After processing at 304, the computer 40 repeats processing at step 306 to 324 to release ice cubes formed on the front surface 12a of ice making plate 12 and to supply ice making water into the water tank 11. Immediately after operation of the power source switch, however, any ice cubes may not be formed on the ice making plate 12. For this reason, the execution of the defrost/water supply cycle control routine will be described later. Assuming that the initial flag IFLG for supply of the water is maintained as "0" after processing at step 306-318, the computer 40 determines a "Yes" answer at step 320 and determines at step 322 whether the water supply count value WICT is more than or equal to a predetermined value CT5 (for instance, a count value indicative of two minutes). If the count value WICT is less than the predetermined value CT5, the computer 40 determines a "No" answer at step 322 and returns the program to step 306 to repeat processing at step 306, 308, 312. 318-322. When the water supply count value WICT becomes more than the predetermined value CT5, the computer 40 determines a "Yes" answer at step 322 and causes the switching transistors 64, 58 at step 326 to turn off. Thus, the normally open contact 63a of relay switch 63 is opened to deenergize the solenoid 23a of water valve 23, while the movable contact 57a of relay switch 57 is switched over to deenergize the solenoid 18a of hot gas valve 18. As a result, the water valve 23 is closed to interrupt the supply of water into the watering pipe 21, and the hot gas valve 18 is closed to interrupt the supply of hot gas into the evaporator 13. After processing at step 326, the computer 40 sets the initial flag IFLG to "1" at step 328 and finishes the execution of the defrost/water supply cycle control routine at step 330.

After execution of the defrost/water supply cycle control routine at step 110 of FIG. 3, the program proceeds to step 112 where the computer 40 determines whether the float switch 34 is closed or not. If the level of water in tank 11 is below the predetermined level, the computer 40 determines a "No" answer at step 112 and causes the program to proceed to step 104 for execution of the initial water supply cycle control routine. When the float switch 34 is closed by a sufficient amount of water supplied into tank 11, the computer 40 determines a "Yes" answer at step 112 and causes the program to proceed to step 114 for execution of the ice making cycle control routine shown in FIG. 7. During execution of the ice making cycle control routine, the computer 40 maintains the switching transistors 58 and 62 in a non-conductive state and turns on the switching transistor 56 to activate the electric motor 15a of cooling fan 15 under control of the relay switches 57, 61 and to effect forward rotation of the electric motor 25a of water pump 25 under control of the relay switches 57, 61. Thus, the watering pipe 24 is supplied with the ice making water from the water tank 11 through the water supply pipe 26 under forward rotation of the pump 25 and causes the supplied ice making water to flow down along the front surface 12a of ice making plate 12. In this instance, the hot gas valve 18 is closed under control of the relay switch 57, and the electric motor 14a of compressor 14 is activated under control of the relay switches 57, 51. Thus, the evaporator 12 is supplied with expanded refrigerant from the expansion valve 17 under operation of the compressor 14 to freeze the water flowing down along the front surface 12a of ice making plate 12. The water flowing down along the front surface 12a of plate 12 is progressively frozen by the evaporator 13 into ice cubes A, and the remaining water falls into the water tank 11.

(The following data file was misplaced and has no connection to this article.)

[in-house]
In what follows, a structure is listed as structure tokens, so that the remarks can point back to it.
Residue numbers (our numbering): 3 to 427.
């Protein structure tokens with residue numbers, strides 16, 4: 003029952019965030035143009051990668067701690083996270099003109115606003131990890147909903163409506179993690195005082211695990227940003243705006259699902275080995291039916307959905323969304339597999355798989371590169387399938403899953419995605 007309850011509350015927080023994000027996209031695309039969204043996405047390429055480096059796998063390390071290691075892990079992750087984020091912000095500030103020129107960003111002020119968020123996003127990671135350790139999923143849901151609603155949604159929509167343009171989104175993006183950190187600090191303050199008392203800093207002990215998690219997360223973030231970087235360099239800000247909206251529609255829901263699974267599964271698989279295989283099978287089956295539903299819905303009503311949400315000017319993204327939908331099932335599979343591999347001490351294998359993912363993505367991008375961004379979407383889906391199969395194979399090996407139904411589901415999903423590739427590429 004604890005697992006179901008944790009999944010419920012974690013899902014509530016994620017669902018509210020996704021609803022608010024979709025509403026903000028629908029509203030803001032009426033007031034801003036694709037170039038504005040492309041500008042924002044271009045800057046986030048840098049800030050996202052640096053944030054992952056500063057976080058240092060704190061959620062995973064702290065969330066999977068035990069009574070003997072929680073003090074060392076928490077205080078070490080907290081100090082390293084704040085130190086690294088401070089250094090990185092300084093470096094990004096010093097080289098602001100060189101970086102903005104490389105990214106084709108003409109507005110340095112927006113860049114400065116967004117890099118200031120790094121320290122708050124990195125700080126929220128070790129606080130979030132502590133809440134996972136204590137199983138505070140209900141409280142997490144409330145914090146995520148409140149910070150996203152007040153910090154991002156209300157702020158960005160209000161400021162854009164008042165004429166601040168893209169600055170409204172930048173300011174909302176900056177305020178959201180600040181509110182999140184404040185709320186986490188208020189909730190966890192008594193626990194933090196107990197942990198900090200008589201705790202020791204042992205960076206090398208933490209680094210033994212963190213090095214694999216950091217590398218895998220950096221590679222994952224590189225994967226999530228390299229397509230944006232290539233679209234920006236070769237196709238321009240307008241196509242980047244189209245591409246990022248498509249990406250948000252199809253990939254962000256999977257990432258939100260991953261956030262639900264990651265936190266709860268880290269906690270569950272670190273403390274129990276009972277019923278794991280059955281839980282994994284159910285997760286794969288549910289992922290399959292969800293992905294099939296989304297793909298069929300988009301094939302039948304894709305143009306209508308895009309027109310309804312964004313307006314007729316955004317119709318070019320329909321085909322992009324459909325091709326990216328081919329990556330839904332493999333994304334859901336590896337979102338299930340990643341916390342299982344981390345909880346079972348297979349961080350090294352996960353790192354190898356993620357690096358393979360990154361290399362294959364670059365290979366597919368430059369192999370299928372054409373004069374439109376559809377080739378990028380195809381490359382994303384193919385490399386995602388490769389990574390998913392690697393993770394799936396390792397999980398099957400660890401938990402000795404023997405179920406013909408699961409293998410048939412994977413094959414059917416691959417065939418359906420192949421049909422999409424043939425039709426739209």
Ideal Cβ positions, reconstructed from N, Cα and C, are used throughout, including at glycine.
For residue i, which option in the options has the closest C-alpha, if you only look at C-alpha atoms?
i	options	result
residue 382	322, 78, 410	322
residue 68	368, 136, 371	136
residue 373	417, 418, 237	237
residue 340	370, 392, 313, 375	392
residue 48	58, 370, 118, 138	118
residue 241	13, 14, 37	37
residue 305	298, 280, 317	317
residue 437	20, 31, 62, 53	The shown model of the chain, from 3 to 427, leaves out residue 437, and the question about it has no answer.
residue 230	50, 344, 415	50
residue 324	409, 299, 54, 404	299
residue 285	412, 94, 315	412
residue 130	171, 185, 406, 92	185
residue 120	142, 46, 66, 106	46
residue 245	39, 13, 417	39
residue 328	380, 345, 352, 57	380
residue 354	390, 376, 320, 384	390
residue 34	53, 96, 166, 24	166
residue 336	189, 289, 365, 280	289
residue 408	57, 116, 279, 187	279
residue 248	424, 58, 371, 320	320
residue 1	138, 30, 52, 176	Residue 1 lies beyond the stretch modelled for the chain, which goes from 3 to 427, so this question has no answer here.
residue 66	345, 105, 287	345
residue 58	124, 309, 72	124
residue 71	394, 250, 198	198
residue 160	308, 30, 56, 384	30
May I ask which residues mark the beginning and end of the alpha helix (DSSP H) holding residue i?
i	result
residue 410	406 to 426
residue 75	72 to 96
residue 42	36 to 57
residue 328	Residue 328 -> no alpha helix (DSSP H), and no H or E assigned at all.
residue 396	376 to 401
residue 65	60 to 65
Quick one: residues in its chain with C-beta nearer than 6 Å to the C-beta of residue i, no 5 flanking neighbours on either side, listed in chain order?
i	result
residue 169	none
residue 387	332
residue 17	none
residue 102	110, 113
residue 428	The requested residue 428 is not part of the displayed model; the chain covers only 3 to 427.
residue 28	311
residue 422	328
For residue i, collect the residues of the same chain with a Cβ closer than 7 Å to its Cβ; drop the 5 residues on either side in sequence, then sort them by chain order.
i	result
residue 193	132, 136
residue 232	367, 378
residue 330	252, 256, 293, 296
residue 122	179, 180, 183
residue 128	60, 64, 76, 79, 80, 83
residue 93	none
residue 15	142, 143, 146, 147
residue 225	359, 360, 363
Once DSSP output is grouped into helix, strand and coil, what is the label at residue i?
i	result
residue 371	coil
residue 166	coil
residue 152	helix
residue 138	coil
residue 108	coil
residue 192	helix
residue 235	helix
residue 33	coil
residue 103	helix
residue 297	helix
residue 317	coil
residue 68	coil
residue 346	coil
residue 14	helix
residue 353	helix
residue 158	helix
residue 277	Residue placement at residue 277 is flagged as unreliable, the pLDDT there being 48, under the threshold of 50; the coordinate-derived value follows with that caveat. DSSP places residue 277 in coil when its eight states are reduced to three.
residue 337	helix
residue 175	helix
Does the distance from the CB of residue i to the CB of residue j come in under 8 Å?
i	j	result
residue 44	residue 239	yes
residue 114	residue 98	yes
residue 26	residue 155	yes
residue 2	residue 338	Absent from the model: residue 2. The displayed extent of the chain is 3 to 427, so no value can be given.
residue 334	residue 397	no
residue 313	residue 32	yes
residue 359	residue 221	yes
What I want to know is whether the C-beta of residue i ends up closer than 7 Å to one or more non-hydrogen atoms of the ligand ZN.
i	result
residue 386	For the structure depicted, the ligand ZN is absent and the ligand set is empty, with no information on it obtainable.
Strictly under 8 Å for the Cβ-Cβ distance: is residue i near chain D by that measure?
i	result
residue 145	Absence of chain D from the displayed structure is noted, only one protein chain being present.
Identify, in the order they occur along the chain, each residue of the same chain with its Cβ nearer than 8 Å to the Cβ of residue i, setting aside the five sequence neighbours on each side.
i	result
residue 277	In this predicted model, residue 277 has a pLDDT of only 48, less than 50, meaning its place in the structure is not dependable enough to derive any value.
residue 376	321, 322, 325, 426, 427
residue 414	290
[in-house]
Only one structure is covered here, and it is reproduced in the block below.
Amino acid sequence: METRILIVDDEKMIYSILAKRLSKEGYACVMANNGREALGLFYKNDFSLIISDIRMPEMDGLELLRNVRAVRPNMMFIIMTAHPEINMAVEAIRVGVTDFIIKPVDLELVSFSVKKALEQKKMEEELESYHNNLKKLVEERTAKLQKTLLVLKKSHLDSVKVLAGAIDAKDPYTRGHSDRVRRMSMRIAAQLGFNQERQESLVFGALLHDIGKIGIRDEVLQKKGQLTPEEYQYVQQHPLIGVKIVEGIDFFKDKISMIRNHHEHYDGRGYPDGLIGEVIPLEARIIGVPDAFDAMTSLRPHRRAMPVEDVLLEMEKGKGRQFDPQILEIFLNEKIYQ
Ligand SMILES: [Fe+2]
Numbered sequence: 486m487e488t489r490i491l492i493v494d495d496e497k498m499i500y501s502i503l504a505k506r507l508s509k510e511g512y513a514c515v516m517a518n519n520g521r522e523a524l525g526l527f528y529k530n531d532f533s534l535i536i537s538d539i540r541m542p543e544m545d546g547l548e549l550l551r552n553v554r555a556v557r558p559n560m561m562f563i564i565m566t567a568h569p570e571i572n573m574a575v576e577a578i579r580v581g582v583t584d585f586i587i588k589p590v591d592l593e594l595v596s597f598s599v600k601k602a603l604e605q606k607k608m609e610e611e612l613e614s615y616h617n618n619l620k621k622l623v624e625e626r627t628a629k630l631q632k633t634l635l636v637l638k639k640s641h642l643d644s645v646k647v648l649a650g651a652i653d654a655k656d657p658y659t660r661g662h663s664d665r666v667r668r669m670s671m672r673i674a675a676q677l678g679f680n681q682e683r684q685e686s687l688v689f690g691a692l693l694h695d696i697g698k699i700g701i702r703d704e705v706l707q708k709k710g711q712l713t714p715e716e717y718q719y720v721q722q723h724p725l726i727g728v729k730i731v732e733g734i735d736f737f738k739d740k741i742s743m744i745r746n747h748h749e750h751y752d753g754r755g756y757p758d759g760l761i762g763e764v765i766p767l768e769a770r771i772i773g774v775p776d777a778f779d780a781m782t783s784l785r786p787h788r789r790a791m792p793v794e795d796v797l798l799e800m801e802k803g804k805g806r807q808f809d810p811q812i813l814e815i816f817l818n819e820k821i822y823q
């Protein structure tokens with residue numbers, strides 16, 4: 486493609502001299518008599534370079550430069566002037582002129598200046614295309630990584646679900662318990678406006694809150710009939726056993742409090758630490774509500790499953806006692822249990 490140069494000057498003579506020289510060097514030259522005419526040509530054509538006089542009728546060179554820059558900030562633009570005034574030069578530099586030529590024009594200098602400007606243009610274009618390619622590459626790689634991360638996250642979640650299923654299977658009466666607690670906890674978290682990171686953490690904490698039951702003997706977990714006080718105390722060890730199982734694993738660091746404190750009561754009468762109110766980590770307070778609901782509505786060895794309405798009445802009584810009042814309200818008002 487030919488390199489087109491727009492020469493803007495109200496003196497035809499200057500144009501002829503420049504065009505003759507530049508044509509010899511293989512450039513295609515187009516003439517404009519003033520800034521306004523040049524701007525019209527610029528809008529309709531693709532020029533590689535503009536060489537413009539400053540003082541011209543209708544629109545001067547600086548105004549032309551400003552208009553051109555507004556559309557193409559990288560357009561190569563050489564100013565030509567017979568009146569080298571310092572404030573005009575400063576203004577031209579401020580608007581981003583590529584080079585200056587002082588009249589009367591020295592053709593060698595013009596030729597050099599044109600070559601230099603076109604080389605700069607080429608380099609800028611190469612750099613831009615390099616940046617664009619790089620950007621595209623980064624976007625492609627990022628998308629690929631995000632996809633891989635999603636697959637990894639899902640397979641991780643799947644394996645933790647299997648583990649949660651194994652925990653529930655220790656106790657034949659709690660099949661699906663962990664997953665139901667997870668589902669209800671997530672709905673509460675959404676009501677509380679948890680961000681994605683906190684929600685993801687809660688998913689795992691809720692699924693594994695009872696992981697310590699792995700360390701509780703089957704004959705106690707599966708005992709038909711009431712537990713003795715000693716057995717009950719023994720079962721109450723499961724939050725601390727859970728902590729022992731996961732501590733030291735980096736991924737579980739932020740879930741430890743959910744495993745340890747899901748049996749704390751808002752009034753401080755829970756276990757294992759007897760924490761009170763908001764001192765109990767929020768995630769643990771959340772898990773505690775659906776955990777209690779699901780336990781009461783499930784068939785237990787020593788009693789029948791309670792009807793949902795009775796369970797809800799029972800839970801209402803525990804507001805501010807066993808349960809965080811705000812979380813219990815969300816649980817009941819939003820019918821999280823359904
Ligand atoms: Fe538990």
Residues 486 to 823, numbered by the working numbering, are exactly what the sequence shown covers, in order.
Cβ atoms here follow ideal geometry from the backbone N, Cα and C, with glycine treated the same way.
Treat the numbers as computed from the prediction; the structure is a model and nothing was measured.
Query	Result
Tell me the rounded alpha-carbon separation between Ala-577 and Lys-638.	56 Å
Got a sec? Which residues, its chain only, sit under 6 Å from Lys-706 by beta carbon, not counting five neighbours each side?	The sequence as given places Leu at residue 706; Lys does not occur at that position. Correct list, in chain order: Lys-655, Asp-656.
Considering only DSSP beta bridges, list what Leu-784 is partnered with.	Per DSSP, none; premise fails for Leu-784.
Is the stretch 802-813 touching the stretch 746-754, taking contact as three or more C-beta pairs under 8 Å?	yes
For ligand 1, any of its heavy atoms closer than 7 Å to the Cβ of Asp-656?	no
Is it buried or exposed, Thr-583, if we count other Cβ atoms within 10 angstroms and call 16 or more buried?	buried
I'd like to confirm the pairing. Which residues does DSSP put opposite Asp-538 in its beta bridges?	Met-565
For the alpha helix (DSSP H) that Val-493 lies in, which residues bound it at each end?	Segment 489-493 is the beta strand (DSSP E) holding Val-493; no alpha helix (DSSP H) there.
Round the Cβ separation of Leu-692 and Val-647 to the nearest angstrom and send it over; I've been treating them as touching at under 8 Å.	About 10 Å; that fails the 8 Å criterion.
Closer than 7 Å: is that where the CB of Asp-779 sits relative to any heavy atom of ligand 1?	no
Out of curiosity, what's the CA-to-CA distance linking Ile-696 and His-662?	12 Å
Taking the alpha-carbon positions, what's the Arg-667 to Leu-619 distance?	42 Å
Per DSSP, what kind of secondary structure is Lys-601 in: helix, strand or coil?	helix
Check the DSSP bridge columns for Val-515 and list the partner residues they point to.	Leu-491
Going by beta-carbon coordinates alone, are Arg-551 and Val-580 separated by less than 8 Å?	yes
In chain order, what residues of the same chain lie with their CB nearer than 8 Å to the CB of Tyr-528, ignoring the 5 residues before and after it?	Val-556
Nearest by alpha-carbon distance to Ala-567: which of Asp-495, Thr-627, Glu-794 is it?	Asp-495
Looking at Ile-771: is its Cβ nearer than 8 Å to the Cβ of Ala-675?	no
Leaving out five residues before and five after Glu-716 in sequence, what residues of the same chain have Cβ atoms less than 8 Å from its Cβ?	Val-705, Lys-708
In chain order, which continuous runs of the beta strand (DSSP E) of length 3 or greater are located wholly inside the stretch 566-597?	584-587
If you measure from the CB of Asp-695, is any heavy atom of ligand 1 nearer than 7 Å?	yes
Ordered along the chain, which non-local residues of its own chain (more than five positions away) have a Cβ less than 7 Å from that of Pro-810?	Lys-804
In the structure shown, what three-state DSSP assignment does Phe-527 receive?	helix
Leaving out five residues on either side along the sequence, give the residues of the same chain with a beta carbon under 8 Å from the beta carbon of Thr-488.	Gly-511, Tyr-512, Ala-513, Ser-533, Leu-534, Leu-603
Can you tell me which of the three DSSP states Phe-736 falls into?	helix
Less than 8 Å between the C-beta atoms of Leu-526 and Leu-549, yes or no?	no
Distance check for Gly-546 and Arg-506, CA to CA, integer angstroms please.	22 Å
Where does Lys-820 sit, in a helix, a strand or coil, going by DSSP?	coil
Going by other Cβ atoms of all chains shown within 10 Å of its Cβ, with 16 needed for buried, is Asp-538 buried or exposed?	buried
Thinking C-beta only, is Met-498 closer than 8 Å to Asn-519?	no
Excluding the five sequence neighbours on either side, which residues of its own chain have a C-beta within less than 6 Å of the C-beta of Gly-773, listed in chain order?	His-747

After processing at step 402, the computer 40 resets the back-up count value BUCT and ice making count value IFCT respectively to the initial value "0". Subsequently, these count values BUCT, IFCT each are counted up by "1" at each execution of the timer interruption program. When the program proceds to step 406, the computer 40 determines whether the back-up count value BUCT is more than or equal to a predetermined value CT7 (for instance, a count value indicative of sixty minutes). At the following step 408, the computer 40 determines whether the float switch 34 is closed or not. Assuming that the back-up count value BUCT is still less than the predetermined value CT7 after start of execution of the ice making cycle control routine, the computer 40 repeats processing at step 406 and 408 until the float switch 34 is opened by decrease of the water in tank 11. When the float switch 34 is opened, the computer 40 determines a "No" answer at step 408 and causes the program to proceed to step 410. At step 410, the computer 40 determines a "No" answer until the ice making count value IFCT becomes a predetermined value CT8 (for instance, a count value indicative of five minutes). During the predetermined time defined by CT8, the computer 40 repeats processing at step 406, 408 and 410. When the ice making count value IFCT becomes the predetermined value CT8, the computer 40 determines a "Yes" answer at step 410 and causes the program to proceed to step 412. Such processing at step 410 is useful to avoid termination of the ice making cycle in a condition where ice cubes may not be sufficiently formed on the front surface 12a of ice making plate 12 due to shortage of the water in tank 11.